Striking Down Section 5 Would Mark a Return to Constitutional Order
The days of preventing minorities from voting are long gone
February 27, 2013
Nearly four years ago, in an important case from Texas, the justices on the Supreme Court signaled that Sections (4b) and 5 of the Voting Rights Act were in grave need of modernization. Sadly, Congress and the administration ignored this suggestion, so it is now up to the Court to declare these provisions unconstitutional. That welcome outcome would validate what most Americans already believe—that minorities in the Deep South and elsewhere have the same opportunities to register to vote and participate in elections as do minorities in the rest of the country.
Back in 1965, Section 5 of the Voting Rights Act was necessary to overcome the never-ending mischief that election officials employed to keep African-Americans from registering and voting. But those days are long gone. Today, in the states and jurisdictions still subject to the "preclearance" requirement of Section 5 (which prohibits any changes in election laws or procedures before Washington's approval) minorities register to vote and turn out in elections at rates that exceed those of whites. It makes no sense today for Alaska, Arizona, and Alabama to be subject to these requirements, but not Nevada, Arkansas, or Tennessee.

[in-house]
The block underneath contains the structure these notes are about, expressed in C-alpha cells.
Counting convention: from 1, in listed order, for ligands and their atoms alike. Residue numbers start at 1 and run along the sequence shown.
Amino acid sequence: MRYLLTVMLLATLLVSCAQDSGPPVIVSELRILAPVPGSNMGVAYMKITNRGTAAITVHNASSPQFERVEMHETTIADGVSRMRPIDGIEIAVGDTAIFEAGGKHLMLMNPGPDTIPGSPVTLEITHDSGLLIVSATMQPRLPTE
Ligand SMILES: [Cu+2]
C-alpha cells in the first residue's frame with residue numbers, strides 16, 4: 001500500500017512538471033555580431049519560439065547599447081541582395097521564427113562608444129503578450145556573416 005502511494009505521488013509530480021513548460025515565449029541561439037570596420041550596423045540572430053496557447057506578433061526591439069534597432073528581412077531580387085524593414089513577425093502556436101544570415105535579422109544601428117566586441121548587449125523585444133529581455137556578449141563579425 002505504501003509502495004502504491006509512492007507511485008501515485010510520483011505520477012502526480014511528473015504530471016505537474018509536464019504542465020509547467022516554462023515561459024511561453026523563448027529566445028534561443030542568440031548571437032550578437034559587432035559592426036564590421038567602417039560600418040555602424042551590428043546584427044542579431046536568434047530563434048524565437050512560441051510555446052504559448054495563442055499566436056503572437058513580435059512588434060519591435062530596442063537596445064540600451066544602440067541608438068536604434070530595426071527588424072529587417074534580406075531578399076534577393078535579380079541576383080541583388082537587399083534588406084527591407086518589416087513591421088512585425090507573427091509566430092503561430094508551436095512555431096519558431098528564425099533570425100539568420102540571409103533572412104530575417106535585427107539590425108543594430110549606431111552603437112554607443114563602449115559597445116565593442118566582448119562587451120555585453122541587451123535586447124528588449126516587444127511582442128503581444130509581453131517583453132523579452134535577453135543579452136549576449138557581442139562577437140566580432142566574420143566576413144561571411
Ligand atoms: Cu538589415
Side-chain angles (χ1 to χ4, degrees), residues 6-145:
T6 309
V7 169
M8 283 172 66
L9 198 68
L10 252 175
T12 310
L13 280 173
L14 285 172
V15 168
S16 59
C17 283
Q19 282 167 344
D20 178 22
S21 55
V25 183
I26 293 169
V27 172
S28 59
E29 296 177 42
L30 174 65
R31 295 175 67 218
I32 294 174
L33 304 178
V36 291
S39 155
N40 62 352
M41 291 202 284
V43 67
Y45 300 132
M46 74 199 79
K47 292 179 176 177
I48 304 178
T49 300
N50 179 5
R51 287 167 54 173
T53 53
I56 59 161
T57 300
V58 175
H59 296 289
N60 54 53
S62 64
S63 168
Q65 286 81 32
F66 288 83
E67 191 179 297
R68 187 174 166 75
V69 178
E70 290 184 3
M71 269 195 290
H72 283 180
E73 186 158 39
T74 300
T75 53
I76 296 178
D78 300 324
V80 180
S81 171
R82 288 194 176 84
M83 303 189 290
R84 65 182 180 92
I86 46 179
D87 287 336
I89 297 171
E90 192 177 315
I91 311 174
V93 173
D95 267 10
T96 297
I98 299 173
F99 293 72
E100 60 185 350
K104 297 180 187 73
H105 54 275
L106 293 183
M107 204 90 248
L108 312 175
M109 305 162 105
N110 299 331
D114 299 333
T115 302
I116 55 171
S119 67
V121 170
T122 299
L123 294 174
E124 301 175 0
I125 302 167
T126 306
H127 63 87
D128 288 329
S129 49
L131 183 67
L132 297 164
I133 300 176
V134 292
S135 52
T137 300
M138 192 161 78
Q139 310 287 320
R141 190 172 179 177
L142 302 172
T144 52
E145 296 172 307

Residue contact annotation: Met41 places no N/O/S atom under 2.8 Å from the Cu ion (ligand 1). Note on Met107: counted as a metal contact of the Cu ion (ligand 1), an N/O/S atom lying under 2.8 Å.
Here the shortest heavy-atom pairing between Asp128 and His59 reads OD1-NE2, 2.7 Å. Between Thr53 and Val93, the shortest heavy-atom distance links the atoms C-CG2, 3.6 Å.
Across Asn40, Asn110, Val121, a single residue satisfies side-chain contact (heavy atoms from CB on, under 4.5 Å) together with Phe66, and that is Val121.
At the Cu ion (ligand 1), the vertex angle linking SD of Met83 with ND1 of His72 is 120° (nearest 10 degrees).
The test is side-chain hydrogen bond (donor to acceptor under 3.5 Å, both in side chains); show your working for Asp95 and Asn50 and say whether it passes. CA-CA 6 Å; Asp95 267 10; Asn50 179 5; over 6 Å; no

As the Court wrote in the Texas case, "The evil that Section 5 is meant to address may no longer be concentrated in the jurisdictions singled out for preclearance. ... The statute's coverage formula is based on data that is now more than 35 years old, and there is considerable evidence that it fails to account for current political conditions."
The time has come to end the punishment and federal bureaucratic oversight of nearly 25 percent of the nation's population.
If the Supreme Court strikes down these provisions, as it should, an important constitutional order will be restored: All 50 states must be treated equally under our system of laws.